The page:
CALCIUM Overview Information
Calcium is a mineral that is an essential part of bones and teeth. The heart, nerves, and blood-clotting systems also need calcium to work.
Calcium is used for treatment and prevention of low calcium levels and resulting bone conditions including osteoporosis (weak bones due to low bone density), rickets (a condition in children involving softening of the bones), and osteomalacia (a softening of bones involving pain). Calcium is also used for premenstrual syndrome (PMS), leg cramps in pregnancy, high blood pressure in pregnancy (pre-eclampsia), and reducing the risk of colon and rectal cancers.
Some people use calcium for complications after intestinal bypass surgery, high blood pressure, high cholesterol, Lyme disease, to reduce high fluoride levels in children, and to reduce high lead levels.
Calcium carbonate is used as an antacid for “heartburn.” Calcium carbonate and calcium acetate are also used for reducing phosphate levels in people with kidney disease.
Calcium-rich foods include milk and dairy products, kale and broccoli, as well as the calcium-enriched citrus juices, mineral water, canned fish with bones, and soy products processed with calcium.
Calcium can interact with many prescription medications, but sometimes the effects can be minimized by taking calcium at a different time. See the section titled “Are there any interactions with medications?"
How does it work?
The bones and teeth contain over 99% of the calcium in the human body. Calcium is also found in the blood, muscles, and other tissue. Calcium in the bones can be used as a reserve that can be released into the body as needed. The concentration of calcium in the body tends to decline as we age because it is released from the body through sweat, skin cells, and waste. In addition, as women age, absorption of calcium tends to decline due to reduced estrogen levels. Calcium absorption can vary depending on race, gender, and age.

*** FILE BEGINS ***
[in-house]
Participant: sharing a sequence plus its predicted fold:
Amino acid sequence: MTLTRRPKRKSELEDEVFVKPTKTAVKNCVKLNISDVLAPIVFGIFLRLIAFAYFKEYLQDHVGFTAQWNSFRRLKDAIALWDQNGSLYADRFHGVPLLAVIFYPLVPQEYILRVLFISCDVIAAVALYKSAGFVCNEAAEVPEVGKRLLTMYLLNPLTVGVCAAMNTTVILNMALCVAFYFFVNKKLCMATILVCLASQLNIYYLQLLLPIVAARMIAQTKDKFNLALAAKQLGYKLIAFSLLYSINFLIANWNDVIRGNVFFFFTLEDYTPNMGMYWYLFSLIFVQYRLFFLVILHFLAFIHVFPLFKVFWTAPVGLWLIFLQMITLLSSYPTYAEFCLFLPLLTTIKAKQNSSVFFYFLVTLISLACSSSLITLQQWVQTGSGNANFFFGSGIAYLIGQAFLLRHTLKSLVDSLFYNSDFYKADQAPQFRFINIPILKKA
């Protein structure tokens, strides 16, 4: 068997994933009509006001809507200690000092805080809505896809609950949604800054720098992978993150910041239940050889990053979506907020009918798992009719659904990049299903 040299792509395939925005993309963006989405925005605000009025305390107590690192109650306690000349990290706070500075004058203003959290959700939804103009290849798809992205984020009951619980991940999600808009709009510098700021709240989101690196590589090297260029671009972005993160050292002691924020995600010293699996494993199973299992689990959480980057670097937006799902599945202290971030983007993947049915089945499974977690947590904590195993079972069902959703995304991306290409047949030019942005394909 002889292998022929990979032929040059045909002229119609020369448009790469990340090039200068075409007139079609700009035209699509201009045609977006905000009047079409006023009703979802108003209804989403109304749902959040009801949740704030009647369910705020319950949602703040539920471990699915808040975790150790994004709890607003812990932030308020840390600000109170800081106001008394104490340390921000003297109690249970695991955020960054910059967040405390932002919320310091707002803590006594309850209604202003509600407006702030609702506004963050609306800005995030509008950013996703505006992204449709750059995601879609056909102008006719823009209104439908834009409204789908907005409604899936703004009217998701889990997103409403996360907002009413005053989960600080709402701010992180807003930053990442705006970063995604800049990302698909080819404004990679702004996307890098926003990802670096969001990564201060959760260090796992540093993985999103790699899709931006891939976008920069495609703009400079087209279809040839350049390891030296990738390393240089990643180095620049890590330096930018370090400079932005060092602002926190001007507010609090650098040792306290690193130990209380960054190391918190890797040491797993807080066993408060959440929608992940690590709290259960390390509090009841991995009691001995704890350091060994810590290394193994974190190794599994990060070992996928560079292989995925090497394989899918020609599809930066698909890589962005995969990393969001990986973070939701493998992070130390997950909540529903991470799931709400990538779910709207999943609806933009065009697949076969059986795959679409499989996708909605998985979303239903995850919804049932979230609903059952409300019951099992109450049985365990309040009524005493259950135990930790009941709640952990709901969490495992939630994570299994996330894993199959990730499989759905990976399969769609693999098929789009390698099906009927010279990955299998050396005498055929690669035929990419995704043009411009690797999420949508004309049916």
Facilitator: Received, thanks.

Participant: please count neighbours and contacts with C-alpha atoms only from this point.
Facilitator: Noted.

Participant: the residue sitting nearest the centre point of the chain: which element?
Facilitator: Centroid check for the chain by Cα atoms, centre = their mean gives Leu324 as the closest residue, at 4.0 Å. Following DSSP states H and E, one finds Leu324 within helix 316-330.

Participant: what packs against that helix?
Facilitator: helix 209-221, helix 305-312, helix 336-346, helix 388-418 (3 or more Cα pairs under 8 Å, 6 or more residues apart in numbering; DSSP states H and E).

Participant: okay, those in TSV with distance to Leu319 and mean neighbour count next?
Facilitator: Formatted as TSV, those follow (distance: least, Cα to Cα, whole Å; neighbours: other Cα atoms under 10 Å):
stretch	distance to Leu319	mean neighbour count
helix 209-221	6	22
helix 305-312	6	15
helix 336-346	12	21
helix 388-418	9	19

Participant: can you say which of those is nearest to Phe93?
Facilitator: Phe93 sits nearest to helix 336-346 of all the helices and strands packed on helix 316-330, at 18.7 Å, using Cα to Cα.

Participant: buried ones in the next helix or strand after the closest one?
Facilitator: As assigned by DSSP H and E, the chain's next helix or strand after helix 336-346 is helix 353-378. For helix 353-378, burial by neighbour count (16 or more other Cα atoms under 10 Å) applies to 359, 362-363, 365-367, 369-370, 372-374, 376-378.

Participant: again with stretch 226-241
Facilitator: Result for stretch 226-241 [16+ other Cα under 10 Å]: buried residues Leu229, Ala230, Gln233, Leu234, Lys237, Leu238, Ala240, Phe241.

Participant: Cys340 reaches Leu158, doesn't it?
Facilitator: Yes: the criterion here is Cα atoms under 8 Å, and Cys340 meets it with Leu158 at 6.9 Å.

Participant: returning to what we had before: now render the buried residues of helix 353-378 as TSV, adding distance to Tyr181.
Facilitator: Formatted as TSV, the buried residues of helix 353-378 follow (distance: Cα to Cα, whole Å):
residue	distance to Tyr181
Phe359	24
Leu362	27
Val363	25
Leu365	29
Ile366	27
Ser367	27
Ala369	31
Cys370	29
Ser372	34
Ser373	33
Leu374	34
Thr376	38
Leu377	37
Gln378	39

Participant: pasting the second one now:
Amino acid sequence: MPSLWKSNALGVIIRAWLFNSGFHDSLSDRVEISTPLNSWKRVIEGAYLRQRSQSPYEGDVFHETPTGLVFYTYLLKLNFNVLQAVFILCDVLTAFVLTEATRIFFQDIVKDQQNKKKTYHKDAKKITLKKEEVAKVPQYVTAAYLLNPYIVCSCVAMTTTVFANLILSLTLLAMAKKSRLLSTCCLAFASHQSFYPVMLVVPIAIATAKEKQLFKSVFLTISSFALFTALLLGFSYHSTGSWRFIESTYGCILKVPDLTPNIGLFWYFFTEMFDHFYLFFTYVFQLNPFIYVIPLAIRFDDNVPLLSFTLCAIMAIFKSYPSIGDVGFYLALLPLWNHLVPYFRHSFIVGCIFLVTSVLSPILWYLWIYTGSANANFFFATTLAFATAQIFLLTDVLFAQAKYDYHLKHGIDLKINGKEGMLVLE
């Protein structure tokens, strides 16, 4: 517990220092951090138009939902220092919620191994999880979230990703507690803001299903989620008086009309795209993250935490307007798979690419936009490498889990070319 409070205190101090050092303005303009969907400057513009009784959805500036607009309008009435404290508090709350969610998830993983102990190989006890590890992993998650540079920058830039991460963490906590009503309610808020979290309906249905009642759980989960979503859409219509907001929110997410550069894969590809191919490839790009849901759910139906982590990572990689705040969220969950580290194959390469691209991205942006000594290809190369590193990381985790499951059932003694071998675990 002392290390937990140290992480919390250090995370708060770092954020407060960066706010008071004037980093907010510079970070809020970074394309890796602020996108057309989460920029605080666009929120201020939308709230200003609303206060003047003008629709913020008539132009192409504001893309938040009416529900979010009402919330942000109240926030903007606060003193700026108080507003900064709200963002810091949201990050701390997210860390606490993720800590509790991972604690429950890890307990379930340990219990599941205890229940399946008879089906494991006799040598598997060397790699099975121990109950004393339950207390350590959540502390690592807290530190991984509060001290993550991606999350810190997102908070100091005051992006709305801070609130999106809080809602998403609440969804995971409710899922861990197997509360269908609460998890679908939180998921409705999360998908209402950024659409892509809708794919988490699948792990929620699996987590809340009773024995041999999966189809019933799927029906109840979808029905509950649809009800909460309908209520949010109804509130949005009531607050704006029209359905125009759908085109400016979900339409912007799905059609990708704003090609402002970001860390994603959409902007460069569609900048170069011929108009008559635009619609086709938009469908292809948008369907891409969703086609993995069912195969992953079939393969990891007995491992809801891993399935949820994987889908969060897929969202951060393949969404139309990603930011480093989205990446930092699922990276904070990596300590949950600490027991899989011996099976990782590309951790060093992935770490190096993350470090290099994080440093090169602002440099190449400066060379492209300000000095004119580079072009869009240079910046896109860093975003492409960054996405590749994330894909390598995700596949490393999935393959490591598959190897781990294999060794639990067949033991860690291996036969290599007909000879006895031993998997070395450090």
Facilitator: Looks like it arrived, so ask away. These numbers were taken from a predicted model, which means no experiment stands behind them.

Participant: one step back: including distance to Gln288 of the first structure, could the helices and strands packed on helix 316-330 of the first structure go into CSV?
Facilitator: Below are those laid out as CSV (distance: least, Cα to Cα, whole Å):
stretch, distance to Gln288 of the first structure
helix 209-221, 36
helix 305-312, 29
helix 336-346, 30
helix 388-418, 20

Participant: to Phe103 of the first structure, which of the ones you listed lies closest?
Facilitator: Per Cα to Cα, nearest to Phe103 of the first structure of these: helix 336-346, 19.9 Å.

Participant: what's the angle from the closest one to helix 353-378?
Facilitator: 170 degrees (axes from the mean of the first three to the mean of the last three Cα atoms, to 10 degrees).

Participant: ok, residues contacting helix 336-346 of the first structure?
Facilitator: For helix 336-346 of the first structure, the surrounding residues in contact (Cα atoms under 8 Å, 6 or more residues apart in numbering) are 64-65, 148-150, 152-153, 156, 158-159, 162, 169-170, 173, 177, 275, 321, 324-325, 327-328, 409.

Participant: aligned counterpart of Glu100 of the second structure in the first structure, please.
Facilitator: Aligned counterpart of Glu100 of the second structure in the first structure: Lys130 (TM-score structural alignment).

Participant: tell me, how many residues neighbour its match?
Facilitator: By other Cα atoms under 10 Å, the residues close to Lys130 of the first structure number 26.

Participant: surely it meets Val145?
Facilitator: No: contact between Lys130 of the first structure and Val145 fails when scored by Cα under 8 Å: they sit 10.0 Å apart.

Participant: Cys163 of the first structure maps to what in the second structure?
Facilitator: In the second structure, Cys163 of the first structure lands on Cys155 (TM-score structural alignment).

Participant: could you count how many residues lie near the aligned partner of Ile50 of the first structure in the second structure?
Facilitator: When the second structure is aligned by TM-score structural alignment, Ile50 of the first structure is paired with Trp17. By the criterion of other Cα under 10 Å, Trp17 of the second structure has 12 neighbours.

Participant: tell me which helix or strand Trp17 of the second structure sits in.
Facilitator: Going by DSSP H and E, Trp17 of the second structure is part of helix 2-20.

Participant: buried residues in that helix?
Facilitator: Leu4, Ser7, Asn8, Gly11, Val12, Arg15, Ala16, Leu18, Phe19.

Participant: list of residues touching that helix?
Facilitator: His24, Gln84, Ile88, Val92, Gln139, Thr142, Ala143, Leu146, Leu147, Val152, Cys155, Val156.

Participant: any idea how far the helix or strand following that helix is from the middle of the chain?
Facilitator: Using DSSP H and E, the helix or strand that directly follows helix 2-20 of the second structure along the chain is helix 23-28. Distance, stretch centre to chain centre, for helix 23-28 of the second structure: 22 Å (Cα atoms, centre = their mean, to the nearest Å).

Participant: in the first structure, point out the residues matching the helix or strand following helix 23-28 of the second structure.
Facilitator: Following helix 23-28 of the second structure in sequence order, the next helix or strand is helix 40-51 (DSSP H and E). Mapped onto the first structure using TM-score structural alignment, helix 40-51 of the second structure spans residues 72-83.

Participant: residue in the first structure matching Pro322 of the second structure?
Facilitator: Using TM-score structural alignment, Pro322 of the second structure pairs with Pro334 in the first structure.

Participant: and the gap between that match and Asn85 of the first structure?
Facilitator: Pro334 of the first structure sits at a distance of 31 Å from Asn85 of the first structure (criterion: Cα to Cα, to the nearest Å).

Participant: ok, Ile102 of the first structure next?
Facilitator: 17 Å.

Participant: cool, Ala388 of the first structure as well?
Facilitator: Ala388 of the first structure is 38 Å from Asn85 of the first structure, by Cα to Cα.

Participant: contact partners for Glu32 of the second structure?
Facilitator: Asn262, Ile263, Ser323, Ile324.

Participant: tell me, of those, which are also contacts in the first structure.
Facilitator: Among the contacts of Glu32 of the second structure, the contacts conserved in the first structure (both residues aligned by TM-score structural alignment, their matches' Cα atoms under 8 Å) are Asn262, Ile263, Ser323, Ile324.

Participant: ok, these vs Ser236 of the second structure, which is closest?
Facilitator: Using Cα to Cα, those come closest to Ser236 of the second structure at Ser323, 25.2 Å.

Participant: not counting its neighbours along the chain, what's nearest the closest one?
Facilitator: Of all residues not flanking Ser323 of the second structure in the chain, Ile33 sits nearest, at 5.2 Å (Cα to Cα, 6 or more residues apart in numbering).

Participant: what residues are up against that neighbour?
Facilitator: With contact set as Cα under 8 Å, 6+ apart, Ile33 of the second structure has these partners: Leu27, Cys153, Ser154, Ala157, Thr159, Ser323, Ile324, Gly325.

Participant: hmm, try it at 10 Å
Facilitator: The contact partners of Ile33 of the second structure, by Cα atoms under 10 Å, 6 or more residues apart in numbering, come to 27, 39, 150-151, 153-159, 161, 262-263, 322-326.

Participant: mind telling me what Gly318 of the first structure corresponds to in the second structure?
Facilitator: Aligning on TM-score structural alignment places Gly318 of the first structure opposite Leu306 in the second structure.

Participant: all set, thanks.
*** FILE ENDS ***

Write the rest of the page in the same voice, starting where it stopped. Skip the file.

Bones are always breaking down and rebuilding, and calcium is needed for this process. Taking extra calcium helps the bones rebuild properly and stay strong.
- Raising calcium levels in people who have low calcium.
- Preventing low calcium levels.
- Reversing high potassium levels, when given intravenously (by IV).
- Use as an antacid as calcium carbonate.
- Reducing phosphate levels in people with kidney disease.
Likely Effective for:
- Treating osteoporosis (weak bones). Taking calcium by mouth is effective for preventing and treating bone loss and osteoporosis. Most bone growth occurs in the teenage years, and then bone strength in women remains about the same until age 30-40. After age 40, bone loss typically occurs at rates of 0.5% to 1% per year. In men, this occurs several decades later. There is more bone loss if less than the recommended amount of calcium is obtained from the diet. This is very common among Americans. Bone loss in women over 40 can be reduced by taking calcium supplements. Some researchers estimate that taking calcium for 30 years after menopause might result in a 10% improvement in bone strength, and a 50% overall reduction in bone break rates.